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Former Secretary of State Henry Kissinger has died at age 100.

Jonathan Ernst/Reuters

Negotiating with Henry Kissinger and his legacy

I was writing my column today about the Israel-Hamas cease-fire when I heard the news that Henry Kissinger had died at the age of 100. For a media company like ours, which focuses on geopolitics, Kissinger is one of the most defining, controversial, and complicated figures of the last century.

It is hard to find anyone who has worked seriously on politics or studied foreign affairs who has not had an encounter with or held a view of Henry Kissinger. Statesman. War criminal. Genius. Failure. You name it, the allegations have been thrown at him. Kissinger embodied the possibilities and the perils of power. You will hear the debate over his legacy play out – as it has been playing out for decades – in the days and weeks to come. But the first thing you have to know about him is this: Everything and every moment with Kissinger was a negotiation. Including his legacy.

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Podcast: Death and diplomacy: A look at India-Canada tensions with Samir Saran

Transcript

Listen: The GZERO World Podcast takes a look at an international murder mystery that dominated headlines in September: Canada's allegation that India was involved in the assassination of Sikh separatist leader Hardeep Singh Nijjar in British Columbia in June. New Delhi has dismissed the accusation as “absurd” and demanded any evidence be released publicly, which Canada has yet to do. But the diplomatic fallout has been swift: Canada expelled the head of India’s security service in Canada, and New Delhi demanded dozens of Canadian diplomats leave India.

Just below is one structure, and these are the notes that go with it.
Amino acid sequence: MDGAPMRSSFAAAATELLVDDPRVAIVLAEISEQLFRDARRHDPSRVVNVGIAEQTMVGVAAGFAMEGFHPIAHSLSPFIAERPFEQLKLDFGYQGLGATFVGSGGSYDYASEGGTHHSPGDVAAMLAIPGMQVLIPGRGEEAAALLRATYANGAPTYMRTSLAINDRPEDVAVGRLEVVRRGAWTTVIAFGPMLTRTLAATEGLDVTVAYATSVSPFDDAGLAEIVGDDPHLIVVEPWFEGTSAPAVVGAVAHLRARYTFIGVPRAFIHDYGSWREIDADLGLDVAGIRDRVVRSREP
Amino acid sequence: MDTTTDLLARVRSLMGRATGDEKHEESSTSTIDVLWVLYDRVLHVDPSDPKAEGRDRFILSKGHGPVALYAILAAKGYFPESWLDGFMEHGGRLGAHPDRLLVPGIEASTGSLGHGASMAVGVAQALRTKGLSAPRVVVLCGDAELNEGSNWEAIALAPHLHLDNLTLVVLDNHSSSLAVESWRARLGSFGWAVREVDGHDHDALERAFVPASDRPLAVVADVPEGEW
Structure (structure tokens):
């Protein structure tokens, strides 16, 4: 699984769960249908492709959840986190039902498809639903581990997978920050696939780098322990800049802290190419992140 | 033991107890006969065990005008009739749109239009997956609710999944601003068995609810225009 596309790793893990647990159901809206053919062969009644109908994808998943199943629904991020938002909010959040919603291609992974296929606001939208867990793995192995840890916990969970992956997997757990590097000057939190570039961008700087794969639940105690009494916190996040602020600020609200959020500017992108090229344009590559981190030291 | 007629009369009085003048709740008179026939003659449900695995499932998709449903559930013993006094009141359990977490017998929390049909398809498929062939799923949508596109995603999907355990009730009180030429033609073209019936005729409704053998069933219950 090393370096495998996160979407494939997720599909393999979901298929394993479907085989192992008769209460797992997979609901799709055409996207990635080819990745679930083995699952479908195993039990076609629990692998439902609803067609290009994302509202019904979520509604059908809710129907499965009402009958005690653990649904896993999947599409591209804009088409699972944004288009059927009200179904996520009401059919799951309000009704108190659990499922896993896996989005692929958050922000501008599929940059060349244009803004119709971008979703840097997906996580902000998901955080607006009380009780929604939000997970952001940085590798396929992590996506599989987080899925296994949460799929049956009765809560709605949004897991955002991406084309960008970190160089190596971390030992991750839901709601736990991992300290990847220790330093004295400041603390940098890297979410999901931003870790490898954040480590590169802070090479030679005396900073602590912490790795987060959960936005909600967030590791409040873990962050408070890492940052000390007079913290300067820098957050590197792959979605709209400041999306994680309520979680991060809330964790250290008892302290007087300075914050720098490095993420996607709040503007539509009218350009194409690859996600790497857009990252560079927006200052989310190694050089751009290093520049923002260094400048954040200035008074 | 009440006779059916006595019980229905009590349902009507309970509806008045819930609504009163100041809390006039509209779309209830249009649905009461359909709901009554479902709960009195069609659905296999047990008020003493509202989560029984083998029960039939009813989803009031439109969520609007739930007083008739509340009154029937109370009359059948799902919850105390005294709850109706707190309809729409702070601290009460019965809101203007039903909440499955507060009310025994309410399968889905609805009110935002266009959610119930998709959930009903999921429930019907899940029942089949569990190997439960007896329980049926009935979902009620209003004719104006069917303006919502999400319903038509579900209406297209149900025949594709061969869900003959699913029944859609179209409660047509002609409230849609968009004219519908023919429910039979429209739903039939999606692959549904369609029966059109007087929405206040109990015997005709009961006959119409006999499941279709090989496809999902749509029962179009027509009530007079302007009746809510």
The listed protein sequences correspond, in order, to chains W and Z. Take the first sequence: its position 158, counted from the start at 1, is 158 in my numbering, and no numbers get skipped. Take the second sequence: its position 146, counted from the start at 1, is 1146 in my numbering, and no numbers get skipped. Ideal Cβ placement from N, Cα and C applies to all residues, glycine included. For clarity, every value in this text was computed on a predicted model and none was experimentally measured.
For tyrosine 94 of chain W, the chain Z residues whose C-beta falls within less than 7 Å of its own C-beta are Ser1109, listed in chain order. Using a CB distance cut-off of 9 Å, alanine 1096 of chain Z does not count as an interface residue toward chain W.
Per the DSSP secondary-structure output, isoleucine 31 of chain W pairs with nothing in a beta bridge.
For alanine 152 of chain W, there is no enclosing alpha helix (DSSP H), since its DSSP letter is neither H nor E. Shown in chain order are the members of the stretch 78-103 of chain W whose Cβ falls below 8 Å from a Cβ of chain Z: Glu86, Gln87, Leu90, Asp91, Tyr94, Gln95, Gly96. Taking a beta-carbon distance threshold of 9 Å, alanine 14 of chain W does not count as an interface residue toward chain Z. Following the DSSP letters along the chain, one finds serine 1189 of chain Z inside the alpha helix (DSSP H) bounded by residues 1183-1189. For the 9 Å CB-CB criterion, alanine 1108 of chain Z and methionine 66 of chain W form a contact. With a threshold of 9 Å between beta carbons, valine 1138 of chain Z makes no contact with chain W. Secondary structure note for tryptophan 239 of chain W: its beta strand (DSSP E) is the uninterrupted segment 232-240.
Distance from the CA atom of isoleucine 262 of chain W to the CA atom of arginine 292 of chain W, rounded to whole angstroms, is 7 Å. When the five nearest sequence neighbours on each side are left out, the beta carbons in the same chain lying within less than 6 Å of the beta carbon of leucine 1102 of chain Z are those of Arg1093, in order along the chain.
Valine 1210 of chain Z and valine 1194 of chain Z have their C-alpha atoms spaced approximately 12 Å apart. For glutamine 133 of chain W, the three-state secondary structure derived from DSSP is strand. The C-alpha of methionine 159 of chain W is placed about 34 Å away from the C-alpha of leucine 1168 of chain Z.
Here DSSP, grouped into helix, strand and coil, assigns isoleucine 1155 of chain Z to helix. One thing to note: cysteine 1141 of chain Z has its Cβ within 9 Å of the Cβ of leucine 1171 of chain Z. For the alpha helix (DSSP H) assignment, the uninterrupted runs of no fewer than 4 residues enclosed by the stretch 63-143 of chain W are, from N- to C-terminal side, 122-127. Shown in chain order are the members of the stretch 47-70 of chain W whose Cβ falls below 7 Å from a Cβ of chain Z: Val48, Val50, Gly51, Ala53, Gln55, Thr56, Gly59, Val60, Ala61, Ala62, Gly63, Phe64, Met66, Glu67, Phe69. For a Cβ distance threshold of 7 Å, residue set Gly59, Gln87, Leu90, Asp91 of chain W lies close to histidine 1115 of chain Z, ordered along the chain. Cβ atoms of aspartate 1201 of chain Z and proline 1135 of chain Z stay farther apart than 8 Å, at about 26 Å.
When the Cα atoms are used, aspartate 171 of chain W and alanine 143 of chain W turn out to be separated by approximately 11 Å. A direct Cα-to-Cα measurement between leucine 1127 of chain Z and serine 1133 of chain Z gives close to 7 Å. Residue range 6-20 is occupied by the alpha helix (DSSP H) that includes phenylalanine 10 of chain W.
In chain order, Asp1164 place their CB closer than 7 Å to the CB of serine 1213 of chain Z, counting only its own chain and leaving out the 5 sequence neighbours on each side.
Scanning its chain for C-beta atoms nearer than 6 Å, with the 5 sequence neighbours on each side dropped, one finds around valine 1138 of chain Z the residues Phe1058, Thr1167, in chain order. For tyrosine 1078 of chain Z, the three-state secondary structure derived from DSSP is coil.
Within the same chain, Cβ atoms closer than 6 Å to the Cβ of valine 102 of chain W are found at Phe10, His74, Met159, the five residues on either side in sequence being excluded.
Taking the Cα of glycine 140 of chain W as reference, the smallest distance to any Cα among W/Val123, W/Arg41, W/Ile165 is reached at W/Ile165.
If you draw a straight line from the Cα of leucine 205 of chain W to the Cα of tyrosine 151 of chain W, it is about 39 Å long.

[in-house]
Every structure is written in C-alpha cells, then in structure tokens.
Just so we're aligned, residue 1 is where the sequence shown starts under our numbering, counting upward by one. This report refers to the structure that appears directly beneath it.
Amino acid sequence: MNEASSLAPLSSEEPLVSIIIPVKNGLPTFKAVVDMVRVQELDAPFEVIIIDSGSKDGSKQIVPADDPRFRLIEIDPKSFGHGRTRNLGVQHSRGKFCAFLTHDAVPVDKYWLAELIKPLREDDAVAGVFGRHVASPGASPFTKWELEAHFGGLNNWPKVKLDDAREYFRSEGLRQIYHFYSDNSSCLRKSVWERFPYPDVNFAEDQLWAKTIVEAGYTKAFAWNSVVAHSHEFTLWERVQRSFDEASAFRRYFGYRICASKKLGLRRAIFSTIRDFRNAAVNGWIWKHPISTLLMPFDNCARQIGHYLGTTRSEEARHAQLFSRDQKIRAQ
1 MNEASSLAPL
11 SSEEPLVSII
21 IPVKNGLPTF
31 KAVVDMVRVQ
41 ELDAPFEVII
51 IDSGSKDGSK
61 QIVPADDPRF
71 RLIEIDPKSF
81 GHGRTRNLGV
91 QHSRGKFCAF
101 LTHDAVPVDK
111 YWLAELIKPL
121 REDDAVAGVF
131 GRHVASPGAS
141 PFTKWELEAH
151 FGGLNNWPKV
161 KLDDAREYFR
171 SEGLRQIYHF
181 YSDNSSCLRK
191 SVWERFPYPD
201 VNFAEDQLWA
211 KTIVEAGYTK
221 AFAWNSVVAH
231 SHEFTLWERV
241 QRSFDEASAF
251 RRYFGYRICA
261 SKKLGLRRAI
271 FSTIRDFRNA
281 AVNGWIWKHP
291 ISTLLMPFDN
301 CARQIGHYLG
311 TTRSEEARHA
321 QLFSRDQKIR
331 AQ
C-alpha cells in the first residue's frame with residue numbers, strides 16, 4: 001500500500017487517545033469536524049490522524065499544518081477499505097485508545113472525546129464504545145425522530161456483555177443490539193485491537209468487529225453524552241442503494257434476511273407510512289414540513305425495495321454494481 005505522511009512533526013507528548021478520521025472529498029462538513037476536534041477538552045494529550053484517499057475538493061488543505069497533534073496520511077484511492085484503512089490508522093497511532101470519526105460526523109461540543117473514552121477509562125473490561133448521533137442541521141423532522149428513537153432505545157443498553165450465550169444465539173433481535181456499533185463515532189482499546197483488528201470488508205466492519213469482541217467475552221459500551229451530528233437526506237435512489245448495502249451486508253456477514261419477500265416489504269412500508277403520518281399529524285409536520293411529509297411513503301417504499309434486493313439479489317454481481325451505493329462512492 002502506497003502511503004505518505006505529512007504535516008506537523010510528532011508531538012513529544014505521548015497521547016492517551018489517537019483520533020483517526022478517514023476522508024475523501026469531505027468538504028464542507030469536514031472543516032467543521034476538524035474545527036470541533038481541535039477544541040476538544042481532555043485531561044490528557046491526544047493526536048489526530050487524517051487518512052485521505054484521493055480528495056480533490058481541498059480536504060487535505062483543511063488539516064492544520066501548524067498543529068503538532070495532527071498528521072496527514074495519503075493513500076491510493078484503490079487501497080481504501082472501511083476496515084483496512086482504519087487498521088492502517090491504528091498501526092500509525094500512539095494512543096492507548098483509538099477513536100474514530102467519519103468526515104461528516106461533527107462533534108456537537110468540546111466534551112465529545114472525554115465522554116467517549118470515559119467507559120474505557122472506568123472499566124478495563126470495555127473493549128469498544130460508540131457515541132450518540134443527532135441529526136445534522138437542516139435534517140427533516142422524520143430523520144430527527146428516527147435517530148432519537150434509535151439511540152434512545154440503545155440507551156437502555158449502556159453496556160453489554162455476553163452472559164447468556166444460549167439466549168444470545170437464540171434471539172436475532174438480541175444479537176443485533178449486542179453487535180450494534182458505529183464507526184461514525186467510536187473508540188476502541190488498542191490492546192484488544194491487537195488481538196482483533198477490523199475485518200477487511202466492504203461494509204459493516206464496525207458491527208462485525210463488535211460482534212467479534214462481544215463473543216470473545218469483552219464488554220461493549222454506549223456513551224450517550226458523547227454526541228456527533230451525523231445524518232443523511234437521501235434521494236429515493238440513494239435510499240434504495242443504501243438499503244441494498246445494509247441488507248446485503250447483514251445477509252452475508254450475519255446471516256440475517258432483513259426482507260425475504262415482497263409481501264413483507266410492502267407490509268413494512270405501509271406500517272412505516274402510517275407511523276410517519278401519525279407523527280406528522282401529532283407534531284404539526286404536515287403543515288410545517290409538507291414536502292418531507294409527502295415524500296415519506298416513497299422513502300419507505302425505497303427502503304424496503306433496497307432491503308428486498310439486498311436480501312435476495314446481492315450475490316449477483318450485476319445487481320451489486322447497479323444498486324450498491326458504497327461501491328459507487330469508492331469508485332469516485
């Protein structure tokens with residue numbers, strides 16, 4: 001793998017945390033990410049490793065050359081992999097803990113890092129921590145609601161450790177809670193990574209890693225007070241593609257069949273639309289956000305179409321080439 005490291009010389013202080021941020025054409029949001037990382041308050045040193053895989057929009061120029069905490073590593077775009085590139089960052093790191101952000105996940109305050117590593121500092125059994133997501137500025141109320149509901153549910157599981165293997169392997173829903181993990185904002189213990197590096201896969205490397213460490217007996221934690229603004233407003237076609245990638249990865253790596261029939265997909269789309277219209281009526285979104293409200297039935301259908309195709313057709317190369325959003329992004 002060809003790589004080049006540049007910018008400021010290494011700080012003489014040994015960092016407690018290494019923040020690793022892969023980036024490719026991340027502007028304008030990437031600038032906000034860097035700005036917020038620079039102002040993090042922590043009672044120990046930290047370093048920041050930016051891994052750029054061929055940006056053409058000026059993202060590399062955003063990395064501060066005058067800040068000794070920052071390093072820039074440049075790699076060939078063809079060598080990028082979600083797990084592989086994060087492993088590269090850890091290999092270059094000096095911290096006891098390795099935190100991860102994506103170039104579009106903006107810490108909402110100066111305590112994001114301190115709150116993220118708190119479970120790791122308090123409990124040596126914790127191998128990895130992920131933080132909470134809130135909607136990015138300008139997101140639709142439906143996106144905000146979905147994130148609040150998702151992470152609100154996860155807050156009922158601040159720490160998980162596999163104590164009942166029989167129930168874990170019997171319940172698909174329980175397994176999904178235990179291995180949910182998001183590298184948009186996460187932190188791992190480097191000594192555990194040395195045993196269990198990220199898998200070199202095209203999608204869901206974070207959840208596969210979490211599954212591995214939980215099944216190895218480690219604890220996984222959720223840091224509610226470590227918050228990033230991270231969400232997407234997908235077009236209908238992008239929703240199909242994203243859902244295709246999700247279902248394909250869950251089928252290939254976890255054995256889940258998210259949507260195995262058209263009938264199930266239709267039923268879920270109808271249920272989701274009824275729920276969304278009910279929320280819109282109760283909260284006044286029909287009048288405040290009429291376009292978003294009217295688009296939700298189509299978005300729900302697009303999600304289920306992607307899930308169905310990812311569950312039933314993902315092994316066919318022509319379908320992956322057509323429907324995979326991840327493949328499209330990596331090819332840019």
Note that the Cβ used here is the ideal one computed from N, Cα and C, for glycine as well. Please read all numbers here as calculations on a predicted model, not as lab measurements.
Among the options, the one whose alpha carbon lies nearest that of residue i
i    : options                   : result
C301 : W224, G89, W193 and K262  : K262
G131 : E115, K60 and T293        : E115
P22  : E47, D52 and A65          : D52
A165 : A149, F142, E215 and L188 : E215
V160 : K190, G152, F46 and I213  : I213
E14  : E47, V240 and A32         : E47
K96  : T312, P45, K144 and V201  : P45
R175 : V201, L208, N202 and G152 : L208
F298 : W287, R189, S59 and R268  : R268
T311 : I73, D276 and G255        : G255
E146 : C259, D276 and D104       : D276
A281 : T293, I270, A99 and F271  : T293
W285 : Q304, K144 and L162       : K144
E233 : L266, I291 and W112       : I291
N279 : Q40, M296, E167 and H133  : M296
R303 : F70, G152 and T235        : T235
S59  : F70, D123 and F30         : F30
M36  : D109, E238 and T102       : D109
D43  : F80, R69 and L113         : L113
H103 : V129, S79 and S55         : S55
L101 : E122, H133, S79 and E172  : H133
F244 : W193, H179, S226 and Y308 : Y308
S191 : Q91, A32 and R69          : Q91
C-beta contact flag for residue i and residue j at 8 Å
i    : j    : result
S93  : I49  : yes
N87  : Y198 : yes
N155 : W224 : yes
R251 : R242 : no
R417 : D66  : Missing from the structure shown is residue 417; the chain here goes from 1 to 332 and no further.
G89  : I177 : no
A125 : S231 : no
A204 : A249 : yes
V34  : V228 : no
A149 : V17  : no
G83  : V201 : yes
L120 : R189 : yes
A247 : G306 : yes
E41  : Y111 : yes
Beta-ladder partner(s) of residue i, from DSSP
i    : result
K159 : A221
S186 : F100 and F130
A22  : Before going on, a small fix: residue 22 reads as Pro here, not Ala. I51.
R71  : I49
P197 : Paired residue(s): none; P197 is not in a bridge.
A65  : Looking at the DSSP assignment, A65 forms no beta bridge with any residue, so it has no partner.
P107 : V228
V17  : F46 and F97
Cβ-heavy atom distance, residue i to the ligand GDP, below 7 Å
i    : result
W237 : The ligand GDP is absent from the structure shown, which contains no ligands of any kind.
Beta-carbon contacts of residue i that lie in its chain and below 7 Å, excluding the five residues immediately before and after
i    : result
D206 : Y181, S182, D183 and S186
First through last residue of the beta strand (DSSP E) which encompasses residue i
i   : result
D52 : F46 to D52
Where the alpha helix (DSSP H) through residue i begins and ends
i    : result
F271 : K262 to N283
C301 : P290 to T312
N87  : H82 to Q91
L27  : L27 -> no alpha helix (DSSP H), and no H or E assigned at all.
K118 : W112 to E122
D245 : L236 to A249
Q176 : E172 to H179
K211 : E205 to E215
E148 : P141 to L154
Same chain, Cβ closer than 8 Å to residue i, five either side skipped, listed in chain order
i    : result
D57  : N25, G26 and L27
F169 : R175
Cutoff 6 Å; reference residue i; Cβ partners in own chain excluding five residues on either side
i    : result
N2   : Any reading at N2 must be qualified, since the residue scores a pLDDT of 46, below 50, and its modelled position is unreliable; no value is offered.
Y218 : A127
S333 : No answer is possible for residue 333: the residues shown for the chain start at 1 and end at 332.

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US Secretary of State Antony Blinken speaks to members of the media before leaving Cairo, Egypt, on Sunday.

Jacquelyn Martin/Pool via REUTERS

World powers weigh in on Israel-Hamas War

As the crisis in Israel and Gaza deepens, various world powers are weighing in and offering to help mediate, some for their own geopolitical interests.

Washington repeatedly offered unwavering support to Israel following the Hamas attacks, but it is now also trying to address the humanitarian crisis in Gaza. In a phone call Saturday with Palestinian Authority President Mahmoud Abbas – whose authority extends primarily to the West Bank – President Joe Biden pledged his full support for "urgently needed humanitarian assistance to Palestinian people, especially in Gaza."

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Secretary of State Antony Blinken plays guitar at the State Department, September 27, 2023.

@SecBlinken/X.com

What we’re listening to: US tries out Hoochie Coochie diplomacy

To be honest, if you told us that the US secretary of state, a 61-year-old white guy, was gonna grab a Stratocaster and belt out some Delta Blues in public, we’d have braced for a much more awkward outcome than this.